Wait, does it really take 5 steps to get from the desk to that round/square/rectangular thing on the floor lovingly known in offices around the world as the "round file"?
Well, if you're a writer and you are hoping to get that piece you've spent hours, nay, weeks, years, toiling over, from your humble desk (or laptop) and onto that of a wonderful, intelligent and brilliant Editor who will cherish it, rave over it, love it as much as you do, then the answer is yes, there may be 5 steps from desk to round file.
So, want to avoid the black hole called the delete button? Here are the steps to avoid!
Step 1. The fastest way to get your writing off my desk and into the trash - Don't follow a publisher's posted Submission Guidelines! We didn't mean you when we said "No more than 4 pages", or "A 300 word synopsis of the story – please cover the beginning, middle and the end of the story." TRUTH Yes, those are there for you! We didn't spend hours toiling over them just for fun. They may seem like arbitrary rules to you, but they are born from years of slogging through submissions looking for that gem. Give your writing a fighting chance - follow the rules!
Step 2. Sitting down to start that story at long last? Well, don't plan your story out ahead of time. That's for amateurs. It's so much better to just let the story run it's own course. Outlines are for chumps. TRUTH An outline is just that - an outline. A road map to get you from beginning to end without missing the middle or losing any interesting, important characters or information along the way. An outline is NOT carved in stone. It can and probably should change along the way as the story evolves. But it sure is nice to have a few road signs along the way! A well-crafted story demands no less.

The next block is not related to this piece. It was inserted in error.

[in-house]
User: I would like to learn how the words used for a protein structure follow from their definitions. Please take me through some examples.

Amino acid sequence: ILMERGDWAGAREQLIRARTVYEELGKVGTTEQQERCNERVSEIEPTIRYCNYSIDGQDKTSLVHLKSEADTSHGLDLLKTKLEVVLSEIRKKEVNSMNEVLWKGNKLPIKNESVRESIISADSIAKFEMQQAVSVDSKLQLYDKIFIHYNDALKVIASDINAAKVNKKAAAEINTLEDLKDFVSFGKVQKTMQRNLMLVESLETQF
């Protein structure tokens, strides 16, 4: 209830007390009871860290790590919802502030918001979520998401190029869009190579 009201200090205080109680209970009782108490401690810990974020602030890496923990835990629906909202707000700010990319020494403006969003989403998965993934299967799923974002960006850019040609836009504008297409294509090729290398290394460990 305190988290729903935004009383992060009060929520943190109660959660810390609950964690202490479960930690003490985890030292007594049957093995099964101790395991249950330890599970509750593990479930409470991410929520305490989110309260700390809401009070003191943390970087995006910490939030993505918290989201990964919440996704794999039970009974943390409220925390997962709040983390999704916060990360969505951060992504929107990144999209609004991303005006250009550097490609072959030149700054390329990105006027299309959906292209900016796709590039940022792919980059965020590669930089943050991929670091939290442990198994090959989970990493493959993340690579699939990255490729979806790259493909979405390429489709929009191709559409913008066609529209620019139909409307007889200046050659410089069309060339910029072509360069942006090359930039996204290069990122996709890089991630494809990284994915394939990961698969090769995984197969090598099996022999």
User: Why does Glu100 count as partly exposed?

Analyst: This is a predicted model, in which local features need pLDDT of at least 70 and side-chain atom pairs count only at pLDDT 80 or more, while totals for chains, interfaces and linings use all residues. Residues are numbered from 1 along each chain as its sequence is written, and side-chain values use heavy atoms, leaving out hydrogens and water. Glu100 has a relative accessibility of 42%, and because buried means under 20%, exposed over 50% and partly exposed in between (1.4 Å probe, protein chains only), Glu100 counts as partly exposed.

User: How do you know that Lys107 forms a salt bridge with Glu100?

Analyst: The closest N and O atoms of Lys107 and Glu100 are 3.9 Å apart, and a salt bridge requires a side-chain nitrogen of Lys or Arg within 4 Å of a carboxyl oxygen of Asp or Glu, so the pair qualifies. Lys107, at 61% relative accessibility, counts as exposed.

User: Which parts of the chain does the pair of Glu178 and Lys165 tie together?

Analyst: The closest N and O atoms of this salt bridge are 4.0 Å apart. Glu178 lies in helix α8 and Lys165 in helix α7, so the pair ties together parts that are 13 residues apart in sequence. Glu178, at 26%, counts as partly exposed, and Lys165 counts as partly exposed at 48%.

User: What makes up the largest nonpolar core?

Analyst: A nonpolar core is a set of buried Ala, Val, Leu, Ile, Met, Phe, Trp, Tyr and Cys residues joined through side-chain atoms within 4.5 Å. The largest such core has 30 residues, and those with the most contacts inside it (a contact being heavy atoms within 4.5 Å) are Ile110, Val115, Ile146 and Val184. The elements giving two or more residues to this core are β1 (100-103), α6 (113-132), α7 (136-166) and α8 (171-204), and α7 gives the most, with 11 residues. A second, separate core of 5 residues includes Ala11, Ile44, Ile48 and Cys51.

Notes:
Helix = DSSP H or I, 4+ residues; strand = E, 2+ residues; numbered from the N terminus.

Step 3. OK, so you read the Guidelines, wrote an outline, but you still want to take the fast route to the shredder? Easy, just ramble. Aimlessly. For pages. About nothing of any import to the story at all. TRUTH Cleanliness may be next to Godliness, but to me brevity is king! Make your point. Don't blather. Be concise. I'd much rather ask you to expand a passage then have to use up all my precious blue pencils editing out a lot of useless, meandering.
Step 4. Don't use a dictionary! Avoid them like the plague. If that editor is worth anything at all they should be able to read your mind and figure out what you really meant to say. It's more important to have lots of polysyllabic words peppering your piece than it is to be clear about what you are saying. TRUTH Unless one of your characters is a linguistics professor, stay away from those supercalifragilisticexpialidocious words. Not sure you are using the right word? Look it up! Even words you are "pretty sure" are right - double check them. Please don't try and impress me with your huge vocabulary. If you are using words incorrectly - trust me - I won't be impressed, but maybe our cleaning guy will be.
Step 5. You still want to line the bottom of my recycling bin? OK, then don't proofread your work C A R E F U L L Y before you send it to me. In fact, don't have anyone look it over before you send it off to me. Leave words out of your sentences. Season your work with grammatical errors and misspellings. Don't check your punctuation. In fact, don't use any at all. Please. Really, our recycling center is starving for your work! TRUTH Will I forgive a mistake here and there? Yes, as long as here is not less than 4 pages from there. Everyone makes mistakes. Everyone. Always double-, triple-, quadruple-check your work. Think you've found every error? Now have a professional copyeditor or an English teacher check it.
Will all of this guarantee that I will love your work, offer you a gazillion dollar advance and a 20 book contract? No, but it will assure that your writing doesn't do the quickstep from your desk to my round file!